The law of the Sea has changed the face of the Pacific and is still relevant today as countries challenge it with their shipping, testing, etc. States, countries, and territories traditionally exercised sovereignty over a 3-mile belt of territorial sea along their shores. The high seas beyond this these limits could be freely used by anyone.
Then on September 28, 1945, President Harry Truman declared U. S. sovereignty over the natural resources on the adjacent continental shelf. Thus U. S. fishing boats soon became involved in an acrimonious dispute with several South American countries over their rich anchovy fishing grounds. In 1952 Chile, Ecuador, and Peru declared a 200-nautical mile Exclusive Economic Zone (EEZ) along their shores.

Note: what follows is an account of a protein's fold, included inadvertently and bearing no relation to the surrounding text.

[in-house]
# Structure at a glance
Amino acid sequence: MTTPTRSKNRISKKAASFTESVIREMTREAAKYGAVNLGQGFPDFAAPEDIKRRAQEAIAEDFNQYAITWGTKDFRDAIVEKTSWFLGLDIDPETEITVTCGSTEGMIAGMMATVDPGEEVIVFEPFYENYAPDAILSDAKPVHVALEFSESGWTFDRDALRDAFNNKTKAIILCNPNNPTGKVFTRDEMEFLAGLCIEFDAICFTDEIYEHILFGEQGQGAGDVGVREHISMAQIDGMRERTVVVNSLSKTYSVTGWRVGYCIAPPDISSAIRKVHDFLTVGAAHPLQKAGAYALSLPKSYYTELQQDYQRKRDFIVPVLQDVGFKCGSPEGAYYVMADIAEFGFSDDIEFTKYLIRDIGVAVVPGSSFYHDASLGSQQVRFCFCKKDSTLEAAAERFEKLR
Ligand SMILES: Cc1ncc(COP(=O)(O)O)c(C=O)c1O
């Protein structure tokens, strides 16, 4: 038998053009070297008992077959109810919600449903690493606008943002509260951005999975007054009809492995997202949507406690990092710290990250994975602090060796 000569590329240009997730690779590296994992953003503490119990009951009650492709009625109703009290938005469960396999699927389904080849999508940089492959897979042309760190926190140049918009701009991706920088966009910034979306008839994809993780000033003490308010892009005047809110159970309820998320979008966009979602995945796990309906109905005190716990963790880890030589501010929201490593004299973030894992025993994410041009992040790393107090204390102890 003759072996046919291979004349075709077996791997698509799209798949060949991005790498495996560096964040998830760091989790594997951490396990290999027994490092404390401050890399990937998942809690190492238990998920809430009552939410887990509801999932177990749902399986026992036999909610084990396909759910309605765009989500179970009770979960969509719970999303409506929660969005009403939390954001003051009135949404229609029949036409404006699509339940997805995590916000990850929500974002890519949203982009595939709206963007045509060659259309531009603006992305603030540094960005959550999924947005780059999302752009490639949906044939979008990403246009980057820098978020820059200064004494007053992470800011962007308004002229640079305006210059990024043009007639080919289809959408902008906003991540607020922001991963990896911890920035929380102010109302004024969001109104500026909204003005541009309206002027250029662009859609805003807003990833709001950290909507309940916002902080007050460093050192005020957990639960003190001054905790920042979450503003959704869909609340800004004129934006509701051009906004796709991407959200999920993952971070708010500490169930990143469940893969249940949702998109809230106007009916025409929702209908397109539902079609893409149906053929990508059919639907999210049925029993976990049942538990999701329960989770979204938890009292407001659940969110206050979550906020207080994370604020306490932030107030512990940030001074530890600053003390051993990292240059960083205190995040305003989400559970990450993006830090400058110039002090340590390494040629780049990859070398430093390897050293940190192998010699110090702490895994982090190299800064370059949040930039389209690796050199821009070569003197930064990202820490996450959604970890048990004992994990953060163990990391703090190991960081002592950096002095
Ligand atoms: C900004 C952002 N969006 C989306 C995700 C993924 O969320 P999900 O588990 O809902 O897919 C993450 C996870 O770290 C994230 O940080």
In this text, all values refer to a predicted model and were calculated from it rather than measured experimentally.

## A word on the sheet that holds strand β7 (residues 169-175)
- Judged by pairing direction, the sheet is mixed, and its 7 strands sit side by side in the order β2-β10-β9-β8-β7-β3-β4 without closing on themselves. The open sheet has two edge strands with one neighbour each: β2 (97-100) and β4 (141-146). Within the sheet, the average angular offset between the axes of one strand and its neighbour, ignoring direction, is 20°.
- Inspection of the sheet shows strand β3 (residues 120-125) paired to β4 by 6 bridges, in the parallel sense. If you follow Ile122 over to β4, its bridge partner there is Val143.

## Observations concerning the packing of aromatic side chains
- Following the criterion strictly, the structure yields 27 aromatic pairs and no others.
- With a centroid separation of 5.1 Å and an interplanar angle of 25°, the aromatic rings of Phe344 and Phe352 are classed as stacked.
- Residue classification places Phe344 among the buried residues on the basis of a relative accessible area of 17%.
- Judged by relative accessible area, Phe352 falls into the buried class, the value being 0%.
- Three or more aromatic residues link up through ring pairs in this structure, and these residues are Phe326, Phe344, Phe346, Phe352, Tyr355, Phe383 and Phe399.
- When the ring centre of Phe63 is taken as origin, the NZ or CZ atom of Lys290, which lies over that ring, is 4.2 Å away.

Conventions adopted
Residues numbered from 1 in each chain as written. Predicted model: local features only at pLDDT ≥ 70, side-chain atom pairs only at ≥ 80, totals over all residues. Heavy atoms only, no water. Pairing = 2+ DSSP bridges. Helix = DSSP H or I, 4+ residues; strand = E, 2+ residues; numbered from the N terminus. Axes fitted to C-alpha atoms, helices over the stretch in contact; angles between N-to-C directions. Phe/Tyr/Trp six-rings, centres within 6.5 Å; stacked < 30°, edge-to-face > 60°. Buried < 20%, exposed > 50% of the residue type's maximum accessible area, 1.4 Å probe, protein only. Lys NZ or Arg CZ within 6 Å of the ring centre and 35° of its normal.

In 1958 the United Nations created a Conference of the Law of the Seas in Geneva, which aimed to accept the national control of countries over shelves up to 200 meters deep. Agreement could not be reached. National claims continued, so in 1974 another U. N. Conference of the Law of the Seas was convened. In 1982 a complex agreement, signed by 159 states and other entities, extended national control over 40% of the world’s ocean. The territorial sea was increased to 12-nautical miles and the continental shelf was defined as 200-nautical miles off shore. States, countries, and territories were given full control over all resources, living and nonliving.
It is with these agreements and the EEZ, that there continues to be disagreements. These agreements gave states, countries, and territories political weight for the first time. So, the land area is 550,356 square km, but the EEZ increases this amount to 31, 224, 000 square km. It is also within these agreements that states, countries, and territories continue to use to prove their own claims to the areas.
Cite for September Posts: Stanley, D., South Pacific Handbook.